Dracaena Draco, Dragon Tree Plant
Dracaena draco is an evergreen long-lived tree with up to 15 m (49 ft) or more in height and a trunk 5 m (16 ft) or more in circumference, starting with a smooth bark that evolves to a more rough texture as it ages. The “dragon tree” is a Monocot, with a branching growth pattern currently placed in the asparagus family (Asparagaceae, subfamily Nolinoidae).
When young it has a single stem. At about 10–15 years of age the stem stops growing and produces a flower spike with white, lily-like perfumed flowers, followed by coral berries. Soon a crown of terminal buds appears and the plant starts branching. Each branch grows for about 10–15 years and re-branches, so a mature plant has an umbrella-like habit. It grows slowly, requiring about 10 years to reach 1.2 meters (4 ft) in height, but can grow much faster.
|Common Name||Dragon tree, dragon’s blood plant, Drago, corn plant, ribbon plant|
|Botanical Name||Dracaena draco|
|Plant Type||Broadleaf evergreen tree|
|Mature Size||15–50 ft. outdoors, 3-4 ft. indoors (very slow-growing)|
|Sun Exposure||Full sun to part shade|
|Soil Type||Any well-drained, porous soil|
|Soil pH||6.0–6.5 (slightly acidic)|
|Bloom Time||Begins producing a single flower after 10–15 years|
|Hardiness Zones||9–12 (USDA)|
|Native Area||The Canary Islands, northwest coastal Africa|
|Toxicity||Mildly toxic to pets (especially cats)|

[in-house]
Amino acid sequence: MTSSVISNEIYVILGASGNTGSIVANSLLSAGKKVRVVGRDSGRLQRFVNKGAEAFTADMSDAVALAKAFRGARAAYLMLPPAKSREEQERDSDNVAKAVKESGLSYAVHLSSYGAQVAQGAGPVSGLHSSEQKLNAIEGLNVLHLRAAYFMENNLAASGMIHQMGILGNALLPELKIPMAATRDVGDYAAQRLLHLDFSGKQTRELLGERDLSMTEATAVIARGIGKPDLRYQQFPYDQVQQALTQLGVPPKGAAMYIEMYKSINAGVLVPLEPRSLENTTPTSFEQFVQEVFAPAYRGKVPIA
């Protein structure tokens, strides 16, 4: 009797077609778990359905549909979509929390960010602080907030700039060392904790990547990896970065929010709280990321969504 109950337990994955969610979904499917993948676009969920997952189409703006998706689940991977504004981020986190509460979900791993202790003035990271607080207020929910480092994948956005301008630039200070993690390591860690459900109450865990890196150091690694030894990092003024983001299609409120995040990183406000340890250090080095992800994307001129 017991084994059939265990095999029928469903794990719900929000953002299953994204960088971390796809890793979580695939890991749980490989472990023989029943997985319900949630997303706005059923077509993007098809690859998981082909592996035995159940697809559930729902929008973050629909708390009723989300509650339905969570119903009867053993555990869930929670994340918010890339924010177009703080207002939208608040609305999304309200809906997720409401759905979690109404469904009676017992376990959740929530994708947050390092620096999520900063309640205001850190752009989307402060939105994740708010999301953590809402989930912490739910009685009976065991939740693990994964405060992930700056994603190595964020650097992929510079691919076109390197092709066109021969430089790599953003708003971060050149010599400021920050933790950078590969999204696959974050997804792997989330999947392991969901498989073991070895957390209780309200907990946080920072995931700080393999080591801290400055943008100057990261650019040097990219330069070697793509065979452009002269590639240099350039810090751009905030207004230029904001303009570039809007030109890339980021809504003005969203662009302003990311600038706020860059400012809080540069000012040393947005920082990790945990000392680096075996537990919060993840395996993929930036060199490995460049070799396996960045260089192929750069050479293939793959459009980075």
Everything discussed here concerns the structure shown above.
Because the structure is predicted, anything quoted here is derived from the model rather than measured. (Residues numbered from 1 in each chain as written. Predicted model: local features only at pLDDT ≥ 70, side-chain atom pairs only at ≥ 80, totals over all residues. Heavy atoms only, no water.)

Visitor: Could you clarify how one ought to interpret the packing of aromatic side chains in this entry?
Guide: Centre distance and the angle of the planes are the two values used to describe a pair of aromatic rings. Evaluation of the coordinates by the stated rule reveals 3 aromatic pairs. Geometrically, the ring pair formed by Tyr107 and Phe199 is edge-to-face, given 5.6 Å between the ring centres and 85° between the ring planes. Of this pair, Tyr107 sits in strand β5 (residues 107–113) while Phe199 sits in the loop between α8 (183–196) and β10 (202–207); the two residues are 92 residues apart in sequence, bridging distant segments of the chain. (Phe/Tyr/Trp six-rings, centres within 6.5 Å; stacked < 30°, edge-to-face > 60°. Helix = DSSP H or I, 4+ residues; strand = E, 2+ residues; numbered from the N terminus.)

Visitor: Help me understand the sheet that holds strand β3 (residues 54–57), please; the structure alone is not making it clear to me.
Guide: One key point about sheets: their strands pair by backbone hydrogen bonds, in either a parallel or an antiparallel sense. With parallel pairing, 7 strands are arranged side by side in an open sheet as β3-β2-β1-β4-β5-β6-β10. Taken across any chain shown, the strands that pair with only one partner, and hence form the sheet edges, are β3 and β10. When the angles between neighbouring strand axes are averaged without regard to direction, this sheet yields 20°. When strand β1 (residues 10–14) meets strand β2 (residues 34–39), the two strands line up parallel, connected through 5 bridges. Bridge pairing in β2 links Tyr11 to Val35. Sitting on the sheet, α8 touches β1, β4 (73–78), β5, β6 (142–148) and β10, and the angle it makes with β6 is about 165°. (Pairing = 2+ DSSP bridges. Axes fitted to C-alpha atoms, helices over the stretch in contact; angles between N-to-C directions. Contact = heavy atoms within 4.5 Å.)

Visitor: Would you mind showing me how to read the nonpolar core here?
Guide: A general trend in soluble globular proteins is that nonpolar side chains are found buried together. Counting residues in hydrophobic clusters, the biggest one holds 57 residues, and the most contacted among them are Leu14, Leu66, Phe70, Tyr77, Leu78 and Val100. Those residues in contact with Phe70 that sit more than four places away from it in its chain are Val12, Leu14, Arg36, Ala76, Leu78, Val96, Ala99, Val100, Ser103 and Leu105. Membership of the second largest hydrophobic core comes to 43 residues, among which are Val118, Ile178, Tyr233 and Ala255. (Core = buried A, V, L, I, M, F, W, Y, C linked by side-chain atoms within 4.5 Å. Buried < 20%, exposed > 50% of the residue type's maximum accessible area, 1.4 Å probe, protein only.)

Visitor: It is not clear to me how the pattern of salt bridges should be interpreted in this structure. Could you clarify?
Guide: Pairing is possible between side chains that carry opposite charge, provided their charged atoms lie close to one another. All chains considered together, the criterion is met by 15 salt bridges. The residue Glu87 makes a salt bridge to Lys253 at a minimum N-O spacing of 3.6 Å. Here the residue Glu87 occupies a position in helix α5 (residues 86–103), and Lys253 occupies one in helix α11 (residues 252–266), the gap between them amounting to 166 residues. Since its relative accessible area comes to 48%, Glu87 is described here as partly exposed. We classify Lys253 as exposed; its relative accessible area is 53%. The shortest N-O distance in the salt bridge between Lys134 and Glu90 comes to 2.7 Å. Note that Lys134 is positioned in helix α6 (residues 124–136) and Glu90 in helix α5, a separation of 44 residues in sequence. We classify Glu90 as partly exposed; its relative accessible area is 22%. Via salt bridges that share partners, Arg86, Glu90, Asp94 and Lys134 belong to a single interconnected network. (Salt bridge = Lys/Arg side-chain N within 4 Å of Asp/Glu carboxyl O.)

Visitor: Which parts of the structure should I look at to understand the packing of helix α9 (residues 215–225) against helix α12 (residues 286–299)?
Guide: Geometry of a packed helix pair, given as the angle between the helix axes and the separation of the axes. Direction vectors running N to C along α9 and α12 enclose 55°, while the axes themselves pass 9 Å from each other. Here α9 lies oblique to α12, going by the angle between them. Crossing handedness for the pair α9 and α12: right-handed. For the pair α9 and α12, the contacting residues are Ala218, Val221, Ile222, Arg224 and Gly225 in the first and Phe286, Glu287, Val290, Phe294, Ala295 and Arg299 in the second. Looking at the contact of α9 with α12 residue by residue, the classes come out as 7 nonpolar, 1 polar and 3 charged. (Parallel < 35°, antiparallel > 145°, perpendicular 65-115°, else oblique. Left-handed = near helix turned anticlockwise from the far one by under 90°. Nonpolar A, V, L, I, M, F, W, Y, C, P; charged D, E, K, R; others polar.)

Dragon Tree Care
This plant likes to grow in relatively bright light, but it may resent being in the full harsh afternoon sun. Indoor plants will do best in a location that gets a full 10 hours of bright but indirect light.
Dragon tree prefers a very loose, well-drained potting mix. A succulent/cactus potting mix can work well; or you can make your own mix by blending fine gravel, peat moss, and leaf humus in equal parts.
Allow the plants to dry between waterings, but not completely. These plants are more susceptible to root rot, so be very careful never to allow them to sit in standing water.
Temperature and Humidity
D. Draco is more cold-tolerant than other Dracaena species and can briefly tolerate temperatures below 50 degrees Fahrenheit. In native settings, this plant absorbs most of its moisture from the air rather than the soil, so you may find it helpful to humidify indoor air, especially during dry winter months.
Feed your plants every six months with controlled-release fertilizer. Well-fed plants will develop a slightly reddish tinge to the edges of the leaves.